Brandon School Division deliberate the 2014-15 budget on Feb. 18, when they agreed to cut 11 full-time teaching positions.
Everyone has heard the saying "today’s youth is tomorrow’s future" and though for some this may cause a small amount of worry, most would like to think that this future will be a bright one.
In our society, the majority of a child’s education comes from what they are taught in the school system. This knowledge is intended to be sufficient for students, allowing them to become well-rounded members of society. However, when looking at this year’s budget cuts that are being implemented by the Brandon School Division, one begins to wonder if that goal remains possible.
For the last few months, the 2014-15 budget cuts have been at the front of many people’s minds. Admittedly, Brandon is a growing community and money must be shuffled around to be able to afford to educate an ever-increasing number of students. Recently, many ideas have been discussed, allegedly to find the option that best suited everybody.
For budgeting purposes, the school board predicted a 1.5 per cent growth in enrolment for the 2014-15 school year. This estimation would see an increase of 124 students, moving the total tally to 8,437 within the Brandon School Division.
On Feb. 18, after nearly eight hours of deliberation, BSD trustees agreed to cut 11 full-time teaching positions and raise taxes by 2.9 per cent. The question of whether it will be feasible to teach and respect the various needs of the elevated number of students, in addition to the existing student population, with almost a dozen fewer teachers now remains.
Additionally, a point that must not be overlooked is where the money is going. Surely it is understandable that money must be put not only toward classrooms, but to the general upkeep of the building. But to what extent? Naturally, our schools should be safe, clean, well-kept buildings with working necessities, as well as certain amenities that will assist students’ learning. But is it possible that too large a sum is being put toward esthetics?
Perhaps instead of defining a school by its looks, the quality of education that it offers should speak for itself. Sure, it’s great to have schools with a presentable appearance, but it must be remembered that what the school’s guests think is perhaps not nearly as important as what the students themselves experience.
Prior to the decision-making process, community members were offered the chance to answer survey questions, either in person or online, where they were able to pick the option they preferred. Of the 486 people who answered the survey, 90.27 per cent supported a four per cent tax increase, which would have resulted in no reductions to the current education system. Although those who completed the survey only account for a small portion of Brandon’s population, it can be assumed that they were likely those who felt most passionately and would be most affected by budget cuts.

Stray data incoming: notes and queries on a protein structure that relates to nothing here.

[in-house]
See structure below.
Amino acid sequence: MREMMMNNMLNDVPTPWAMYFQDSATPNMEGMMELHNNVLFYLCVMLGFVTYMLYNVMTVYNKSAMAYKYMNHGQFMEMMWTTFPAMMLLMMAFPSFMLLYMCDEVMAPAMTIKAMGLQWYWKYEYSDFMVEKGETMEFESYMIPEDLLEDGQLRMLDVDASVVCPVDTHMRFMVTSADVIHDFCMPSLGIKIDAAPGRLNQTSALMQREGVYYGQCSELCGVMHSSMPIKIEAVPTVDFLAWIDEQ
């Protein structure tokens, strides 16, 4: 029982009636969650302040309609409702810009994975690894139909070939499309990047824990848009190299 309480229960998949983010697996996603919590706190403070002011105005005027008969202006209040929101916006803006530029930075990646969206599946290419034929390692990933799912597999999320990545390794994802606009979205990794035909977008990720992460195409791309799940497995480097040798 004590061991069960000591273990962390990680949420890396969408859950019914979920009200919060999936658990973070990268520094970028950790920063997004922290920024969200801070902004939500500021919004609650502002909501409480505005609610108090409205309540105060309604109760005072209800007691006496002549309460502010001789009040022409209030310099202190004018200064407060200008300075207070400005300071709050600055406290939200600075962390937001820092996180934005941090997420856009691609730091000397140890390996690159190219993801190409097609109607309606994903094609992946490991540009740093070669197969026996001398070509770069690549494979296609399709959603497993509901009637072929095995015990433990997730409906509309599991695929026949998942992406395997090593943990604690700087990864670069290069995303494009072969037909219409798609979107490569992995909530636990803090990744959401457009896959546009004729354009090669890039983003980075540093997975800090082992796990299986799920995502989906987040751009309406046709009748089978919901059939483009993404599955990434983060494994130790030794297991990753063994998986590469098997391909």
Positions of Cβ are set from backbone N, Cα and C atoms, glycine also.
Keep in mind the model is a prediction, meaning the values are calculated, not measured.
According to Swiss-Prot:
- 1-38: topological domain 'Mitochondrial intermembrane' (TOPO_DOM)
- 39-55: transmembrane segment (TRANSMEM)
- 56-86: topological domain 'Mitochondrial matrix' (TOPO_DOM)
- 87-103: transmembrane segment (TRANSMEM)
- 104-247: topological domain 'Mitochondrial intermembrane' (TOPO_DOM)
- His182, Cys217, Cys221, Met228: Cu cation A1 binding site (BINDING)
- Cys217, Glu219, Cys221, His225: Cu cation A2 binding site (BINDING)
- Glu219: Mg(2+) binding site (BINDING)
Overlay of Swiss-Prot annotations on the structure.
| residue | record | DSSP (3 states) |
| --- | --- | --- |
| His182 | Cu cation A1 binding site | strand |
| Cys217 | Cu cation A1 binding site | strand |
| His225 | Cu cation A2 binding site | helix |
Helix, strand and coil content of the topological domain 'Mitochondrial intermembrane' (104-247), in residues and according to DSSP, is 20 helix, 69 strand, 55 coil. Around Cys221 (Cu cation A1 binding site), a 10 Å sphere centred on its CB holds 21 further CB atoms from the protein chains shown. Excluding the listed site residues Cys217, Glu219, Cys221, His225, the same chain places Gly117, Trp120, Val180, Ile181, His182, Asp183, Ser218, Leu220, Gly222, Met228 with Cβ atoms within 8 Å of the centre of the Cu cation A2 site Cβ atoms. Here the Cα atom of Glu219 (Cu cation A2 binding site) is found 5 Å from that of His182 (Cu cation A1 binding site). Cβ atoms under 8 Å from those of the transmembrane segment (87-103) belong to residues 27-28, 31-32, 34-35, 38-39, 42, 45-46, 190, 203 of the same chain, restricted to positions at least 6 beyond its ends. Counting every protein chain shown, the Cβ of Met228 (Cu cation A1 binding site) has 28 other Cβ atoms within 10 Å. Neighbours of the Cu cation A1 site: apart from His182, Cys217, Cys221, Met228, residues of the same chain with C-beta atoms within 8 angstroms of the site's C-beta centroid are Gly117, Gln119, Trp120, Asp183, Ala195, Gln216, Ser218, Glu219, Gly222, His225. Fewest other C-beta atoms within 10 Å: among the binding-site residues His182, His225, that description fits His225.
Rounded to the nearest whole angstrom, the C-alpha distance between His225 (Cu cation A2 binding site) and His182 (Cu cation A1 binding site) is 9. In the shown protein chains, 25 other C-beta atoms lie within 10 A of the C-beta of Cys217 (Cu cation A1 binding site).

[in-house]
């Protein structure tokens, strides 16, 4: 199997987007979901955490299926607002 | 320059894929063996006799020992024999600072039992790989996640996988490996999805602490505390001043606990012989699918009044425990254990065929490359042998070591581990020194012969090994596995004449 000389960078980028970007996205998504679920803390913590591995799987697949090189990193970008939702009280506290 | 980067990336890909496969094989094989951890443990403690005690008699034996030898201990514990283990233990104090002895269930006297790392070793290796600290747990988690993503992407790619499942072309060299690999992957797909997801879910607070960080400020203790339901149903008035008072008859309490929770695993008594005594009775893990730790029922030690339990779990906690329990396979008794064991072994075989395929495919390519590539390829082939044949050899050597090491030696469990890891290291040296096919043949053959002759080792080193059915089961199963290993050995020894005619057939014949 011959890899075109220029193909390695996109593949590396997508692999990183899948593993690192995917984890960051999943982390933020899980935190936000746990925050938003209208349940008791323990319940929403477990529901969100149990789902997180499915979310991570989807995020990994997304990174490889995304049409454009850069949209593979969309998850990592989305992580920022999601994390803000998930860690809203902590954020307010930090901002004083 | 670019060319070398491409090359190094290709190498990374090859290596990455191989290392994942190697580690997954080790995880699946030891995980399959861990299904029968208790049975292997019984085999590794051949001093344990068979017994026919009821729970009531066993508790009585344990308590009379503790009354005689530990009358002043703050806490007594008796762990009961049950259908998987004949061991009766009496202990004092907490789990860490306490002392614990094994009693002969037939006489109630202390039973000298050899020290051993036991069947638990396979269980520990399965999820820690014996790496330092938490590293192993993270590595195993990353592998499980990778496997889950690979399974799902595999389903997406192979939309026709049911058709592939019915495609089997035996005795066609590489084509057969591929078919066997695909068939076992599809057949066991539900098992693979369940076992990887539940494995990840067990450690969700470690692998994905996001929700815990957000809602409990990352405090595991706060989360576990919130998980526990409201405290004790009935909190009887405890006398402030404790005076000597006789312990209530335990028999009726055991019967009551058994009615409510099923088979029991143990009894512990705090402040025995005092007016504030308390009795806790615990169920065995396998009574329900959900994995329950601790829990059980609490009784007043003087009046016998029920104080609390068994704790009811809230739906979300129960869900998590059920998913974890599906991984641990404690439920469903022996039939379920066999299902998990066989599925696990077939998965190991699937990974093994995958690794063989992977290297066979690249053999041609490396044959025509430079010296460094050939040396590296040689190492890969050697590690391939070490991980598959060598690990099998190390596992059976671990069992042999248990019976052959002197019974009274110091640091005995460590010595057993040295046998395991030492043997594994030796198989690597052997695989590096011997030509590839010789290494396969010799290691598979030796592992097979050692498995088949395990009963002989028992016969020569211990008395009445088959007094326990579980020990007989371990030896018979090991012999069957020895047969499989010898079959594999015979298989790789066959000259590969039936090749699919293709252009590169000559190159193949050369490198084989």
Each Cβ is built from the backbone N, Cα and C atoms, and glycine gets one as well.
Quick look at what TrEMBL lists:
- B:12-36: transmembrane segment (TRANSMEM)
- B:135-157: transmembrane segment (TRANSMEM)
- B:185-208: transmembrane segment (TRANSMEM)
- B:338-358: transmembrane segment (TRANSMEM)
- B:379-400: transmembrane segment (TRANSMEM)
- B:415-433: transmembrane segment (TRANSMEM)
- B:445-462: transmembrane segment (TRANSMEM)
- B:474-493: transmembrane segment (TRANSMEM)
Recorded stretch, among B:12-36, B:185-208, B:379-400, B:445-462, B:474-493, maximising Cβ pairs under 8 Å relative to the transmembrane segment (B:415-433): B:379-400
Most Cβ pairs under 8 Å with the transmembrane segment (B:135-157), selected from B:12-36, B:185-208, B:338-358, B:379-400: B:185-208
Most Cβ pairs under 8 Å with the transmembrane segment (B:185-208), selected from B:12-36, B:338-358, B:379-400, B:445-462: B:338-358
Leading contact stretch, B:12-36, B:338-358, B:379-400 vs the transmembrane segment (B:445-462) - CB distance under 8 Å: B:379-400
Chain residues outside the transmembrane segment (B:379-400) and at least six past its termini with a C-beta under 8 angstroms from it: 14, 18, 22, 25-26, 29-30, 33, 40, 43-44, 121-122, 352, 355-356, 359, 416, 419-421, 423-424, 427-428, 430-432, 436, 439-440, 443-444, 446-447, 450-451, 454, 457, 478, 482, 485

Notably, the division’s mission statement asserts that "the Brandon School Division strives to enable each student to achieve maximum intellectual, emotional, social and physical growth." This already difficult task may be nearly impossible to achieve without access to enough thoughtful and committed teachers.
With fewer teachers and more students, class sizes will inevitably augment, giving teachers less time to individually assist their students. As all students learn at different speeds, one of two things will happen: those who learn slower will be left behind, or those who learn quicker will be left with nothing to do. Neither will be able to perform at their full potential or achieve maximum growth. In other words, the only way one could fully benefit from what the school system would have to offer would be to remain mediocre.
If this community or country as a whole is expected to advance, mediocrity should not be praised over excellence and passion. The world is in need of students who want to learn and the people responsible for creating this thirst for knowledge are the teachers behind them. As a community, we should be attempting to nurture this desire. The only way to do that is to offer each individual student, as much as possible, the services that suit their needs.
Brandon is growing, but it is not worth the risk to let a student fall through the cracks, which will undoubtedly happen with these increased class sizes. An educated populace is the key to advancing in this world and the extra money in your pocket is not worth sacrificing overall quality of life.
» Rikki Bergen is a Grade 11 student at Neelin High School.
Republished from the Brandon Sun print edition March 24, 2014